@kevin what’s chi-toro and tamara??? thanks man
Clearly 2 typos LOL. Should be Chu-toro and Tamago.
Shibucho is… good. Quite good. Wouldn’t chose it over Kasen in a million years. I guess they were related, like the chef from Kasen started there or something? I could be mis-remembering. If anyone cares to correct me or elaborate, please do
Wouldn’t it be helpful for a review like this to indicate the general price range with a little more specificity? “The basic omakase here will be in the region of $x for y pieces”. He says it will be “considerably cheaper than Shibucho’s L.A. counterparts” but which counterparts? Cheaper than Mori or cheaper than Sushi Sushi?
imho, i would NOT expect a review of a sushi bar to give that sort of specificity.
a review is “cast in stone” once it is filed.
the market price of fish is very volatile both wholesale and retail.
specific price information could well be out of date within a month or two.
the review, though, would be unchanged for far longer than that.
just my opinion
Hmm just looked up some of Jonathan Gold’s reviews of recent prominent LA sushi openings: he indicates price ranges at the bottom of his review of Q (http://articles.latimes.com/2014/apr/11/food/la-fo-gold-20140412); early in his review of Sushi Tsujita (http://www.latimes.com/food/la-fo-gold-tsujita-20140927-story.html); and in the first paragraph of his review of Zo downtown (http://www.latimes.com/food/la-fo-gold-20131109-story.html).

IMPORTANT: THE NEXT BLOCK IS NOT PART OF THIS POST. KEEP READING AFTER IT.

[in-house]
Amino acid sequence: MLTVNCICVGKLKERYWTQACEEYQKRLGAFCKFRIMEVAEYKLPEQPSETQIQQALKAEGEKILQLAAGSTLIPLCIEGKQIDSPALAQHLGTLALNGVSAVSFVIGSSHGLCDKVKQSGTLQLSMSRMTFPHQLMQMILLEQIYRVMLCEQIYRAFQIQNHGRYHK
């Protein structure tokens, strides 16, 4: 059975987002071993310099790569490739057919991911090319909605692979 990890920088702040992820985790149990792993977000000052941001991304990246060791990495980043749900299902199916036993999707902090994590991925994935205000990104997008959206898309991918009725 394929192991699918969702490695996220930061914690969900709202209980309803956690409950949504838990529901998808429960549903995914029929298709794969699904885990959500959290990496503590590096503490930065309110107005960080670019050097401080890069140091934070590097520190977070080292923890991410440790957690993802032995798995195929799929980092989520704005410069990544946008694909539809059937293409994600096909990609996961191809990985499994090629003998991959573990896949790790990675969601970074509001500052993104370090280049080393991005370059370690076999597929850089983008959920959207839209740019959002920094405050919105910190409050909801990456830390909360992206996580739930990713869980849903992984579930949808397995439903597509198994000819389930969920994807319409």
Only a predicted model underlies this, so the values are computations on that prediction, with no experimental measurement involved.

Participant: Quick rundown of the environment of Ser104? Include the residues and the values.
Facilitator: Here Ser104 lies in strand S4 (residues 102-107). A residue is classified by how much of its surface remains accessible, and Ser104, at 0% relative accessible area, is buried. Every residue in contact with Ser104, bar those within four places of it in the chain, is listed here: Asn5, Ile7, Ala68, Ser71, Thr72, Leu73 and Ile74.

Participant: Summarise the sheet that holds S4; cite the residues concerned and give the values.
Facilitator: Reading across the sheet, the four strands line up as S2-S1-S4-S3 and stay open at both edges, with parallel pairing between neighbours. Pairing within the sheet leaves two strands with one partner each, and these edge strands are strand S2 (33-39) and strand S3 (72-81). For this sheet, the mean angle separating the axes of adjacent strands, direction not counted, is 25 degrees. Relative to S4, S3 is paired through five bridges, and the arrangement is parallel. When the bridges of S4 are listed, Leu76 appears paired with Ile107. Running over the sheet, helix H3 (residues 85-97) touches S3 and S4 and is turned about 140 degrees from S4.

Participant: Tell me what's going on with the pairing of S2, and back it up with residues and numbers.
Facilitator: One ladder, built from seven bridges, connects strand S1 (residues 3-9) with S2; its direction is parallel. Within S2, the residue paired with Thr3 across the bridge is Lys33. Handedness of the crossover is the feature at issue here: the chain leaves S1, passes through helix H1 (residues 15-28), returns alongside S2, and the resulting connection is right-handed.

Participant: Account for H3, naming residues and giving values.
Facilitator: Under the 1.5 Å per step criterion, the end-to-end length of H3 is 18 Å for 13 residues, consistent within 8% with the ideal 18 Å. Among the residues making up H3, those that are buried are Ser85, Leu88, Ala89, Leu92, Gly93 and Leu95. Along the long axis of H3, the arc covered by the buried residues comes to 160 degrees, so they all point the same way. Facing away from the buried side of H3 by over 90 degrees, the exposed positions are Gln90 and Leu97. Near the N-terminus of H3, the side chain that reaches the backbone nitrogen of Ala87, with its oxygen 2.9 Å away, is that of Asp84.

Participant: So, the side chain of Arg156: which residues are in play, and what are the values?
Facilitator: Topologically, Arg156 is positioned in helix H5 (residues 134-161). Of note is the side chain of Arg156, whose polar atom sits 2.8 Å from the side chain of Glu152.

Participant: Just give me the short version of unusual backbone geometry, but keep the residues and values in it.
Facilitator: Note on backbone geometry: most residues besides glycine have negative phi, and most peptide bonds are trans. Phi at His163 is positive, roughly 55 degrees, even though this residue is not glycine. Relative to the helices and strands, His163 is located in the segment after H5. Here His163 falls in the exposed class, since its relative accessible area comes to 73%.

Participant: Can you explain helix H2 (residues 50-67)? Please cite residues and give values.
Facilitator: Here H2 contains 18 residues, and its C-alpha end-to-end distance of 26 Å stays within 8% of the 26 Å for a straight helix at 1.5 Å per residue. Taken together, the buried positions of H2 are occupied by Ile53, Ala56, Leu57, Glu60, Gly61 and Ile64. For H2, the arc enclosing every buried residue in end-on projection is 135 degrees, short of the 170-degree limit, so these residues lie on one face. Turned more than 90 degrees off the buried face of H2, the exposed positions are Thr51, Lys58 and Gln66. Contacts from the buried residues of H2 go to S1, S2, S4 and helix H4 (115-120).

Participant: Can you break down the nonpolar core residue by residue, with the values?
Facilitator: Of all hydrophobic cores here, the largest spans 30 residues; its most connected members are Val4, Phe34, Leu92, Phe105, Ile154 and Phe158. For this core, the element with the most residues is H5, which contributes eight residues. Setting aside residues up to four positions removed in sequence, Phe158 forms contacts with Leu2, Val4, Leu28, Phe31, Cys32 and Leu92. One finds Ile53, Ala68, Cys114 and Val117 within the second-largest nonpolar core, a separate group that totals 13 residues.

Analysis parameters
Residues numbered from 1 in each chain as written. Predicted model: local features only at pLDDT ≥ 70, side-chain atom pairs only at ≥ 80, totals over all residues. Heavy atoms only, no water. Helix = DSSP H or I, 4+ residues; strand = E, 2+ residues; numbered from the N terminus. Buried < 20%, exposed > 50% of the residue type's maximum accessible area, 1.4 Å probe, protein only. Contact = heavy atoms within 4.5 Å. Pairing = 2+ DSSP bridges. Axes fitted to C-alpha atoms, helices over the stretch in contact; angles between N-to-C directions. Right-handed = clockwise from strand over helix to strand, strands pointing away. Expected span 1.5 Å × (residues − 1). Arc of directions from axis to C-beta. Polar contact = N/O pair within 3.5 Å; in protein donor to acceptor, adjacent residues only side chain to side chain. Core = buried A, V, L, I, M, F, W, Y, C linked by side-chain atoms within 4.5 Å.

A restaurant review in a publication like the LA Weekly is fundamentally a consumer guide: it seems very odd to me to not indicate to readers what a meal at a reviewed restaurant is likely to cost or general price ranges.
Agree the price of individual pieces of fish are volatile but the price of an omakase should be pretty stable.
Plus no restaurant goes from one general category of price/affordability to another in a volatile manner. I mean how many sushi restaurants can you name at which prices for the same kinds of meals fluctuate so wildly over time that it’s impossible to give people a pretty good sense of how much typical meals there will cost?
Indeed, the notion is hilarious though. Show up one time, and it costs you a mere sawbuck! Show up the next week and now you have to throw down multiple Benjamins! It would be an interesting social experiment I suppose.
i’ve had that happen to me with sushi bars.
sudden changes in price that caused me to sadly reconstruct my regular rotation.
sudden reduction in variety of fish.
sudden reduction in size of portion.
not so much with other types of restaurants.